Paul feels the sting of this rejection and picks up on the cool reception he has received, and he feels compelled to defend his ministry from these attacks from within and outside the church.  He says: We don’t give anyone any reason to be offended about anything so that our ministry won’t be criticized.  Instead, we commend ourselves as ministers of God in every way.  To underscore his point Paul says that they did this with great endurance through many problems, disasters, and stressful situations.  They endured beatings, imprisonments, and riots.  They experienced hard work, sleepless nights, and hunger, and through it all they displayed purity, knowledge, patience, and generosity, serving the Holy Spirit with genuine love as they told the truth and spoke of God’s great power.  In everything he did, Paul always considered what his actions communicated about Jesus Christ, God, and his being a part of the new creation.  And, in doing this, he says that they carried the weapons of righteousness wherever they went as they preached the word of God.  He says they were treated with honor and dishonor alike with both verbal abuse and good evaluation.  They were seen as both fake and real, as unknown and well known, as dying and yet alive.  And, in spite of it all, they survived, they prevailed, and were happy in their work.  Although they were poor, they made many rich in the Spirit and as they physically had nothing they had everything in Christ Jesus.  In closing his appeal, he tells his Corinthian readers that he and his followers have spoken openly to them, that their hearts were wide open, and they held nothing back.  He says: There are no limits to the affection that we feel for you.  You are the ones who placed boundaries on your affection for us.  But as a fair trade, I’m talking to you like you are children, open your hearts wide too.  He’s imploring them to be openminded and to examine closely what they have taught, what they have preached in the name of Jesus Christ, and if there is any misunderstanding, to bring it to him so that they may discuss it openly without any hidden agendas.


From Paul’s vantage point of the new creation, he is rich, rejoicing, alive, and possesses all things and there isn’t a single person out there he wouldn’t hesitate to share it with.  Paul knows that God offers salvation to all people and the fear that keeps him awake at night is that people will put off a decision for Christ, thinking there will be a better time, a more convenient time, that could cause them to miss their opportunity altogether.  And, more importantly I think, they will miss that opportunity to worship with the other children of the new creation who have so much to offer.  You know, those people who don’t look like us, speak like us, dress like us, love like us, or think like us, in spite of the fact they were created in God’s image.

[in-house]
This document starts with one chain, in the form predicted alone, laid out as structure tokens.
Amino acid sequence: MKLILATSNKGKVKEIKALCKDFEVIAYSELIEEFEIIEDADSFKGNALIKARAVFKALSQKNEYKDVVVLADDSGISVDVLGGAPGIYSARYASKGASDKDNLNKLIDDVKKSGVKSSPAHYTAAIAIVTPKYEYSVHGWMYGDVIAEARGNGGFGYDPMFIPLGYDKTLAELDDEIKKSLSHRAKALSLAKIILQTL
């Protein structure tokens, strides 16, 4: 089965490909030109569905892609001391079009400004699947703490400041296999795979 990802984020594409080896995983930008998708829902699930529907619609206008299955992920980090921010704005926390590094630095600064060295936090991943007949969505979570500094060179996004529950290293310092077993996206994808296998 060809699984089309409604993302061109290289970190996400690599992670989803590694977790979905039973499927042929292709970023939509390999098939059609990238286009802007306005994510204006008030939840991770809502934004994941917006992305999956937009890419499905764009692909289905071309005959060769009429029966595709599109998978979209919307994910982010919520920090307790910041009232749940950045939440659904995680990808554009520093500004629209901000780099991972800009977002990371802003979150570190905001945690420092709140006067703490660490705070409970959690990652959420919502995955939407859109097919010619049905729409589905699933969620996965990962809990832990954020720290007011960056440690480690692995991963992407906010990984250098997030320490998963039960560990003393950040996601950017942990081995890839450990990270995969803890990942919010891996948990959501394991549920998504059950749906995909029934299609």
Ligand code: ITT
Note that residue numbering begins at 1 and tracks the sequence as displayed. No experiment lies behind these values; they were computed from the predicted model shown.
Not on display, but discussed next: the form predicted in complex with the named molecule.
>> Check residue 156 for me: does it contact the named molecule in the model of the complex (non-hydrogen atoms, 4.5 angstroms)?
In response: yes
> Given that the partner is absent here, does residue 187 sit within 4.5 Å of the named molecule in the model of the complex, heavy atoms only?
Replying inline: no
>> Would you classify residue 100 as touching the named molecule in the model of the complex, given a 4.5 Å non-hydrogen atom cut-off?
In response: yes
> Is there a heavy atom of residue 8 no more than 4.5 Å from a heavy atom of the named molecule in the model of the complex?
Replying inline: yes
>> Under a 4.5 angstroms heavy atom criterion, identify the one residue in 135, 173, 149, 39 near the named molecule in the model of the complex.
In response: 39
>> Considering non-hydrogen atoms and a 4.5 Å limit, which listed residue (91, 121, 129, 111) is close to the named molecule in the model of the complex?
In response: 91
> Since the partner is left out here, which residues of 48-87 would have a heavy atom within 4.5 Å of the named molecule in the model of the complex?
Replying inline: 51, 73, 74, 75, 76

What a difference it makes to know Jesus, to truly and completely know Jesus.  He cares for us in spite of what the world thinks.  In fact, he thinks that how the world sees us is laughable.  Paul’s example to us is that as Christians we don’t have to give in to public opinion and pressure.  Like Paul, we can stand faithful to God whether people praise us or condemn us, remaining active, joyous, and content in the most difficult of hardships.

If you are a believer, a new creation in Christ, you are a minister for God, and in the course of each day non-Christians observe you.  And, in fact, those Christians who are unclear on the concept of the new creation observe you with disdain and disgust because you have gotten it so wrong because you choose to love “those” people more than your own people.  And we must be extra careful not to let our careless or undisciplined actions be anther person’s excuse for rejecting Christ and missing that opportunity to become a part of the new creation.  We do this because before we were a new creation we were shackled by a heavy burden, beneath a load of guilt and shame. And then the hand of Jesus touched us, and now we are no longer the same.  We are the new creation.


Let us pray.


Savior, like a shepherd lead us, much we need thy tender care; in thy pleasant pastures feed us, for our use they folds prepare.  Yes, blessed Jesus, you have bought us, and we are yours to love you and serve you in every way we can.  We are a part of your new creation and gladly accept the awesome responsibilities that come with being your everyday ministers serving you and reaching out to the last, the least, and the lost.  Move us in new directions so that we may more fully and completely spread your words in ways where it will not be taken in vain by those who need to hear it the most.  By your grace we are here to serve.  In Jesus’ name, we pray, Amen.